Kaiser Permanente study suggests increased incidence of chilblains — or, COVID toes — during pandemic was related to behavior changes, not coronavirus
By Sue Rochman
In the midst of the pandemic, an unusual number of patients began reporting the red, itchy toes that are the hallmark of chilblains. Many initially assumed it was a symptom of COVID-19. But new research from Kaiser Permanente suggests the increase in chilblains was more likely related to behavior changes that occurred during the pandemic — not the coronavirus.
Patrick McCleskey, MD, dermatologist, The Permanente Medical Group.
The study, published June 23 in JAMA Dermatology, found that only 17 of 465 patients with chilblains seen in Kaiser Permanente Northern California during the pandemic tested positive for COVID-19. Of these, just 9 tested positive within 6 weeks of a diagnosis of chilblains.
“Like other dermatologists, we began to see an increase in patients with chilblains during the pandemic,” said the study’s lead author Patrick McCleskey, MD, a dermatologist with The Permanente Medical Group. “At the same time, we were hearing reports from Italy about a spike there as well, so it made sense to think it could be a symptom of COVID. But our study shows that while the increase was real, it was not showing up in people with COVID-19 or in groups at highest risk for COVID-19.”
Chilblains, also referred to as pernio, is a painful inflammation that occurs when the small blood vessels in the skin are exposed to cold temperatures. It usually affects the feet and hands, which become red, itchy, or swollen.
The media attention to ‘covid toes,’ along with general anxiety about COVID, likely led more people to contact their doctor.
— Lisa Herrinton, PhD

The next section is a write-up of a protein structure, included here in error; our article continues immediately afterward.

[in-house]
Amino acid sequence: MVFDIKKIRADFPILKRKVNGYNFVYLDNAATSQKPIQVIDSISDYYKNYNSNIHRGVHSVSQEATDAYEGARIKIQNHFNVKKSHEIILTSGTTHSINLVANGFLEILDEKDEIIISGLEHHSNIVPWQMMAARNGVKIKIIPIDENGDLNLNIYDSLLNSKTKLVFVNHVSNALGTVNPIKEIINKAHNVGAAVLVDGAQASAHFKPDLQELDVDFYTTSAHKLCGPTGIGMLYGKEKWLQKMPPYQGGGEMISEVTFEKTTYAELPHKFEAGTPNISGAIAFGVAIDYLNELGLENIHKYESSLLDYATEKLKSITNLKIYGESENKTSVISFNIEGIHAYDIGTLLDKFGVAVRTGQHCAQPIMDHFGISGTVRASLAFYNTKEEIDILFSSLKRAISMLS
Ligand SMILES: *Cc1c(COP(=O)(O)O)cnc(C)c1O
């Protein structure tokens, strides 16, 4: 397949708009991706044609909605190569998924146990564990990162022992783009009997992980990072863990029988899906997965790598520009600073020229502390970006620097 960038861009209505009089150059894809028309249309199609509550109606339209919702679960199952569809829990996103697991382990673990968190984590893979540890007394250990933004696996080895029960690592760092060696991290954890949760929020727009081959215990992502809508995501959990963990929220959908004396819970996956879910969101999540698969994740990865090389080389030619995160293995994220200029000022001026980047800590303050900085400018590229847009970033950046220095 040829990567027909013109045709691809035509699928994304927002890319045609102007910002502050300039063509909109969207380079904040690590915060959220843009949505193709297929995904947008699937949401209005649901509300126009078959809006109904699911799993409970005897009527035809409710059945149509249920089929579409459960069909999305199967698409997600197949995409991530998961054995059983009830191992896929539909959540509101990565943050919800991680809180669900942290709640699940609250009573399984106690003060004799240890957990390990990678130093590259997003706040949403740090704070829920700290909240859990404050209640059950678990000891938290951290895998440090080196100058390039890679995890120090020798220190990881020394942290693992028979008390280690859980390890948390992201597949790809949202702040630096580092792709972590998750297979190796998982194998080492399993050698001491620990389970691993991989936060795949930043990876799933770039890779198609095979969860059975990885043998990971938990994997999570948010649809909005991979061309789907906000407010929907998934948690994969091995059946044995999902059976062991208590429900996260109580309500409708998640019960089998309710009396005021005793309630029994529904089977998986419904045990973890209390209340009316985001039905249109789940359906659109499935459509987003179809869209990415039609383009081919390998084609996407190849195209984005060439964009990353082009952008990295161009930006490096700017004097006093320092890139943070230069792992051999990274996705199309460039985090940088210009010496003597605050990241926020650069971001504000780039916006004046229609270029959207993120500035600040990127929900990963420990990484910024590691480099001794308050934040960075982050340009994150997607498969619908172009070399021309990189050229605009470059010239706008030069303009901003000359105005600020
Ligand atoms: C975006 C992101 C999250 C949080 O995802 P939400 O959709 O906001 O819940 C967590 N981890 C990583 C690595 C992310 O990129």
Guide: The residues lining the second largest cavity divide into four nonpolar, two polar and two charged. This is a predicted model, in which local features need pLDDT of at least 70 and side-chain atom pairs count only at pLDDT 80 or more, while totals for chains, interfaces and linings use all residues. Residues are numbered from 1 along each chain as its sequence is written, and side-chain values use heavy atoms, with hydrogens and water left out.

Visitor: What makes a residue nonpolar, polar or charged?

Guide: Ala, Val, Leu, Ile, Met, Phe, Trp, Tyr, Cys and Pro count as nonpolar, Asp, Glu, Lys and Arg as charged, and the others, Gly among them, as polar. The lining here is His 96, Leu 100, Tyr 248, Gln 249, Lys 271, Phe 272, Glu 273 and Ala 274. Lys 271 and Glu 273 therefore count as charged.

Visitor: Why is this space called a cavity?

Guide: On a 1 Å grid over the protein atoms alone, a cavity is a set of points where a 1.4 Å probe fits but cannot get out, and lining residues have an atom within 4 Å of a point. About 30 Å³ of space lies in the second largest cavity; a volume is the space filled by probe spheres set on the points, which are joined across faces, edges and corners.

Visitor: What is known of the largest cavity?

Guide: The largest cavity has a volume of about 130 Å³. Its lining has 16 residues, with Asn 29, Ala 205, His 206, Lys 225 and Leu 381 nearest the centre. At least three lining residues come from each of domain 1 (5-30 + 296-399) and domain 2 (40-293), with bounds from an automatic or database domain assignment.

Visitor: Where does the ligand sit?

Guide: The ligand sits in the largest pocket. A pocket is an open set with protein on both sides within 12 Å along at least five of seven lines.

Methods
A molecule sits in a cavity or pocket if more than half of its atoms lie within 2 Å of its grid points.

The retrospective study compared the incidence of chilblains from April to December 2020 with that same period in 2016 through 2019. The researchers also compared the number of COVID-19 cases in a particular month with the number of chilblains cases that occurred in the following month. There were 780 chilblains cases from April to December 2020, a significant increase over the 539 total cases seen in the same months from 2016 to 2019.The analysis showed the incidence rates of chilblains during the pandemic was slightly higher when and where incidence rate of COVID-19 was slightly higher, but the correlation was weak and not consistent with other aspects of the data. For example, the incidence of chilblains was 3 times higher in Asian-American and white patients than in African American and Latinx patients, while Latinx patients had the highest incidence of COVID-19.
Lisa Herrinton, PhD, research scientist, Division of Research.
“If the coronavirus was causing chilblains, I would have expected our analysis to show higher numbers of chilblains among the groups experiencing higher rates of COVID-19,” said the study’s senior author Lisa Herrinton, PhD, a research scientist at the Kaiser Permanente Division of Research.
The study could not say precisely why more patients were developing chilblains, but Herrinton and McCleskey have a few hypotheses. “The media attention to ‘covid toes,’ along with general anxiety about COVID, likely led more people to contact their doctor,” said Herrinton.
Adds McCleskey, “During the winter, people who would normally be at work or school with shoes and socks on were home barefoot, exposing their feet to the cold. The findings are a good reminder that it’s important to keep your feet and hands warm.”
This study was funded by The Permanente Medical Group Delivery Science and Applied Research program.
Co-authors include Liyan Liu MD, MSc, of the Division of Research, and Bree Zimmerman MD, Amara Lieberman MD, Cynthia Chen, MD, Farzam Gorouhi, MD, Christine C. Jacobson, MD, David S. Lee, MD, Achyuth Sriram, MD, Paradi Mirmirani, MD, Amanda Thornton, MD, and Arnd M. Herz, MD, of The Permanente Medical Group.